As with all the novels in this series, Rutledge has to work without benefit of forensics. He must rely on information gleaned from others the most difficult of which is the local aristocracy, who at that time looked down on "the police" and were loathed to cooperate in any investigation that might create any scandal. That and his gut feel, which is expressed in the form of the voice of Hamish Macbeth, a corporal that he was required to execute during the battle of the Somme. A duty that has haunted him ever since.
The first nine novels in the series were narrated by Samuel Gillies. I would rate his narration at 4 stars. For the next nine novels, Simon Prebble took over. His narration goes beyond the typical narrator's reading and is what I consider to be a 5 star performance. Prebble's talent and skill puts him in a class with very few other audio book narrators. As I listen to Prebble's performance, I actually feel transported to the scenes and actions in the novel and become a bystander.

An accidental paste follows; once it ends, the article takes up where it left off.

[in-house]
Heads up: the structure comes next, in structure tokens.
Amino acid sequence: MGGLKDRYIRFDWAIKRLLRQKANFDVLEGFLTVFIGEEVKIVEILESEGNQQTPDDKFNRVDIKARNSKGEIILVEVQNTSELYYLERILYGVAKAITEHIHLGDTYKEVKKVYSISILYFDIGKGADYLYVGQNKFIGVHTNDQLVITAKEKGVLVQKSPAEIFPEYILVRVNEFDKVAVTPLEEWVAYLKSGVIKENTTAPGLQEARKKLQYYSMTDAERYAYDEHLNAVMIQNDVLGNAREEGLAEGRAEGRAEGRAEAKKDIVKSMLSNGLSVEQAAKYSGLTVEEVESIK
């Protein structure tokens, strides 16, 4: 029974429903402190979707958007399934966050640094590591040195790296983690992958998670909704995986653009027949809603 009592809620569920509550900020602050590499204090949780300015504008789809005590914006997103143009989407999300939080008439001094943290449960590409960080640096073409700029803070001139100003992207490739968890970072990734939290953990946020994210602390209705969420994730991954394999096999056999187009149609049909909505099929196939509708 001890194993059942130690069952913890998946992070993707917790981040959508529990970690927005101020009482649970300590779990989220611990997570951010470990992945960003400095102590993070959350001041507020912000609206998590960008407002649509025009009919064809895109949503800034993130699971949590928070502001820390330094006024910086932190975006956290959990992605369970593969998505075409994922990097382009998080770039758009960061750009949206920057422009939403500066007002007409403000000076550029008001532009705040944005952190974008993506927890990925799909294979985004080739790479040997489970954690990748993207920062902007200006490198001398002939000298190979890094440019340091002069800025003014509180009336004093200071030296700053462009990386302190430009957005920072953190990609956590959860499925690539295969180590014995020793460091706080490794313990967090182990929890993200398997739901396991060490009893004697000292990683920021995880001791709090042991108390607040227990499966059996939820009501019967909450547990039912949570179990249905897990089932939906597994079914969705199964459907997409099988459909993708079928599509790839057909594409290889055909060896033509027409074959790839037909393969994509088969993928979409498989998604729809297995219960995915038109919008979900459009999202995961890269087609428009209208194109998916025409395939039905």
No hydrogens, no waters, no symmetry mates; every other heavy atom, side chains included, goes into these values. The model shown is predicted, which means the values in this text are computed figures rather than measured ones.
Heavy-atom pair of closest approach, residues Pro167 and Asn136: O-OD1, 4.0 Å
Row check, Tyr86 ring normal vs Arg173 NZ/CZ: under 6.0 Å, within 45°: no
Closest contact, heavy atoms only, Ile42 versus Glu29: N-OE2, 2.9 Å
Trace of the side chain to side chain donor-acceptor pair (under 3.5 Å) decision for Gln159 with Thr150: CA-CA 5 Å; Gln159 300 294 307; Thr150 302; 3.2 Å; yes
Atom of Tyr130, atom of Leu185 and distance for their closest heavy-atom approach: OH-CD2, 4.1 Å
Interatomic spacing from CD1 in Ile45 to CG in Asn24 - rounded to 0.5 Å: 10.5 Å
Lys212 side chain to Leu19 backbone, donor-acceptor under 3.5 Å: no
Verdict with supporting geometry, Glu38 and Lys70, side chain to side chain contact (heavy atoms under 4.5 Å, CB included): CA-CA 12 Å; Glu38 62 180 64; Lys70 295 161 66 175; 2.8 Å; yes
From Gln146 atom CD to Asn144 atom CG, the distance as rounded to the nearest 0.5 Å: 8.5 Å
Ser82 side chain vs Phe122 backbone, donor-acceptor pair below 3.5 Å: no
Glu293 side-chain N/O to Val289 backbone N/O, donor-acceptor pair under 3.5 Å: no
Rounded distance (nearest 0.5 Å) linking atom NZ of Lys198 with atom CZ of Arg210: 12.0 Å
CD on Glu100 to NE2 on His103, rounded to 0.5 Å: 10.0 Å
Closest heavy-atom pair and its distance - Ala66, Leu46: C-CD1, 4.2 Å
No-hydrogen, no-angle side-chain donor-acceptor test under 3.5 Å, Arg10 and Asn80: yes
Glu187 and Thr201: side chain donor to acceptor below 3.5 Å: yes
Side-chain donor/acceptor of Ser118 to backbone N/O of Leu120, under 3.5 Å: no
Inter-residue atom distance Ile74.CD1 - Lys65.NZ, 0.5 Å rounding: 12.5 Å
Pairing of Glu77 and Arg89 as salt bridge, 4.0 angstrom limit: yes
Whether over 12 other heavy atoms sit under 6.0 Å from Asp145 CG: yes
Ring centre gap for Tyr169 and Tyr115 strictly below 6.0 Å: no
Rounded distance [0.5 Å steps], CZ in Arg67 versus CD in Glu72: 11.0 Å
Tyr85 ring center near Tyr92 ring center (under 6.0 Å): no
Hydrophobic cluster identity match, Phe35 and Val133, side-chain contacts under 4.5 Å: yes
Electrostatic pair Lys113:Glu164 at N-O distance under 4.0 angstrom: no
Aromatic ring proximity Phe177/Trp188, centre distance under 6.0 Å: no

For me, the plot really becomes secondary and it's the details of the scenes, penned by Charles Todd and Prebble's performance that make it all so very entertaining. The two worst words being "The End."
Although in my review of "Proof of Guilt" (#15 in the series) I rated it the best of a great series, I now think that this latest novel "No Shred of Evidence" (#18) is the very best. Having listened to all 18 at least twice, picking the best is not easy.
This series is very chronological, so from that point of view the reader (listener) should probably start with #1 "A Test of Wills", although the Todd team wrote a pre-quel "A Fine Summer's Day" that was released 01/06/15 (#17). It is about Inspector Rutledge before he went off to war in 1914. That novel was narrated by Steven Crossley, which is the only one in the series that he narrated. I was pleasantly surprised to find that Prebble returned to perform the narration of this current release.
Incidentally, Prebble has narrated over 500 books since "retiring", in 1990, to the US from an acting and narration career in Britain and in 2010 he was awarded the coveted Audie.